Keeping ahead of – or at least up with – changing consumer tastes, demographics and lifestyles is vital for the family-owned Yummy Fruit Company.
Supplying 70% of the apples, stone fruit and pears it grows across more than 700 hectares (1730 acres) in the Hawkes Bay region to the New Zealand domestic market, the Yummy Fruit Company is a customer-driven business with a vision to bring a touch of excitement to retail.
To do this, it’s invested in delivering colourful branding, high-energy advertising and associations with popular reality television shows and school sports equipment programs. It’s all part of moving towards a model which draws on the power of story-telling – the value of which came into full light last year when up to 70% of its stone fruit crop was damaged by a severe hailstorm.
Traditionally, damaged fruit isn’t saleable but rather a cost to the business as pig producers or compost enterprises are generally incentivised to take it away.
In a bid to stem losses, the Yummy Fruit Company embraced its “consumer first” mentality to create the 'Hailstone Heroes' brand to sell its aesthetically challenged fruit in the local market.
“There were three things we were trying to do,” Yummy Fruit Chief Executive Officer, Paul Paynter, explains.
“First, we wanted to show resilience and optimism, then it was about being honest with the consumer, rather than trying to hide the blemishes, and sneak it through.
“Finally, we wanted to offer value.”
Supermarkets were initially cautious about the 'Hailstone Heroes' concept, agreeing to stock the produce only when it was apparent most other available fruit on the market was also damaged to some degree.
But despite these odds, the imperfect fruit, that was also smaller than expected, opened up some key opportunities for pre-packaging that would boost its marketability.
“The problem is, if you put damaged fruit on the shelf not all fruit is evenly damaged, so what the consumer tends to do is maul their way through it and pick the best fruit out – and when you’ve had 50 consumers do that it looks like a total train wreck,” Paul says.
“This is why you are better-off putting it in prepack where they are basically taking the whole prepack home with them.”
Paul believes consumers appreciated this “frank” approach and, combined with the value offered by the prepack bundle, the Yummy Fruit Company exceeded its budget by 12% while relying on and building goodwill and relationships with retailers and consumers.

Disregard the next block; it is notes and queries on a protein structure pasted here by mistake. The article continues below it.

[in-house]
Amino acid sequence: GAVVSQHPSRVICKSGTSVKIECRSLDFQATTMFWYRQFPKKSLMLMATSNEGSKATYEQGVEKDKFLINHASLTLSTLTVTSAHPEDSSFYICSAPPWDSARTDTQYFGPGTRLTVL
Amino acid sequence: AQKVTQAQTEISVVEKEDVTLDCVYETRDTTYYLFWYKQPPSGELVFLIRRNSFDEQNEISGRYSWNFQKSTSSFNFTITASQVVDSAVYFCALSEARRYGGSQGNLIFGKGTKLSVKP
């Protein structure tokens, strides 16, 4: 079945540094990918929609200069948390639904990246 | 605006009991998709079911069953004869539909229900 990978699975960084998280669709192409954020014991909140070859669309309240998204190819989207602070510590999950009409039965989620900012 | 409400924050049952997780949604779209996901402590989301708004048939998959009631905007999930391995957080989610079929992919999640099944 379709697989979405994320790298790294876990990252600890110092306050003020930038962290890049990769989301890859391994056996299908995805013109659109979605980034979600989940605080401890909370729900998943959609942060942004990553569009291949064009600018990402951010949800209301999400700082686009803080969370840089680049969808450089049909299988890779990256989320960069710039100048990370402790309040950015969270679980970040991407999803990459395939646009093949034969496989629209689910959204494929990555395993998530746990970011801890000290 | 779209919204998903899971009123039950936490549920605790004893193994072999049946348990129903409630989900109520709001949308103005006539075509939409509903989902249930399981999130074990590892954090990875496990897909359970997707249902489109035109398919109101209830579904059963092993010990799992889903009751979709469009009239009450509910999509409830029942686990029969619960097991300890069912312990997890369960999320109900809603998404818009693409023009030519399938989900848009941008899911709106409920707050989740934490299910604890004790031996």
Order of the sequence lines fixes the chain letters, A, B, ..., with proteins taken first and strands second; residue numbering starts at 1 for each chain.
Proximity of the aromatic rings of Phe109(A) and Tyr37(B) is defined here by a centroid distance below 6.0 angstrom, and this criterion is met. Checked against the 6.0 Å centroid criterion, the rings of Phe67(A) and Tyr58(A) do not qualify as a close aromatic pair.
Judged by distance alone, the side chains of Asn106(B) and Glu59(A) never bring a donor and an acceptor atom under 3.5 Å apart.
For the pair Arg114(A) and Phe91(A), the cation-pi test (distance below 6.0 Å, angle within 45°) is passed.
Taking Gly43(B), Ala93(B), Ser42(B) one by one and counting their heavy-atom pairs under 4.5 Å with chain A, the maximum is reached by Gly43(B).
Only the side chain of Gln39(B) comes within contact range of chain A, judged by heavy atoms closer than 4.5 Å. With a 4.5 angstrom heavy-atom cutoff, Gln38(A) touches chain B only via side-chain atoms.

The Paynter family has been growing fruit in New Zealand for 158 years, with The Yummy Fruit Company, which produces 25,000 tonnes of fruit annually, established 46 years ago.
With an annual turnover of about $NZ45 million ($A42.2 million) and almost 200 permanent staff, the business focuses on quality by controlling the entire supply chain.
John Paynter is a fourth-generation fruit grower and Paul’s father who, at 79, just celebrated his seventieth stone fruit season and sixtieth apple season.
Growing and marketing fruit has been his life. And, while his commitment to the industry hasn’t wavered, John says it has been the ability of his family business to embrace change that has helped it grow and thrive.
“We went from just being a fruit grower, waving the fruit off at the gate and hoping someone would look after us, to moving into the marketplace and trying to influence an outcome,” he reflects.
Perhaps one of the early indications of this changing mindset was the introduction of fruit stickers in 1975 – a first step towards putting the Yummy Fruit Company front-of-mind with consumers.
“We were the first people to individually label fruit in the world,” Paul says.
“The individual label was all about reaching through the supply chain, beyond having a commodity, to create a connection with the consumer. They have to look at this annoying little label and peel it off, confront your brand, and then bite the product. That little process made us very connected and very accountable in 1975. It makes us super connected these days.”
Customers also share their thoughts and experiences directly with the Yummy Fruit Company via social media, email or phone, while exclusive “farmgate thinking” has gone out the window as changing New Zealand tastes, ethnicities and lifestyles are considered the key to future sales.
This consumer focus and relationship development has worked well in New Zealand and Paul hopes to extend this approach to the growing Asian export market. He wants these new customers to connect with the Yummy Fruit Company and is relishing the opportunity this blank canvas market offers.
“This is a brave new world for us as 10 years ago Asia was 2% of our business and they are now 20%,” he says. “They are growing incredibly rapidly, and the opportunity really is fantastic.”
These Asian markets are where the Yummy Fruit Company hopes its integrated business model and concentration on quality will pay dividends.
“The good thing about Asia is they really love beautiful things,” Paul says. “If your quality is 20% better, in Asia, they will pay you for it. They really appreciate that quality and that’s a wonderful market to be in.”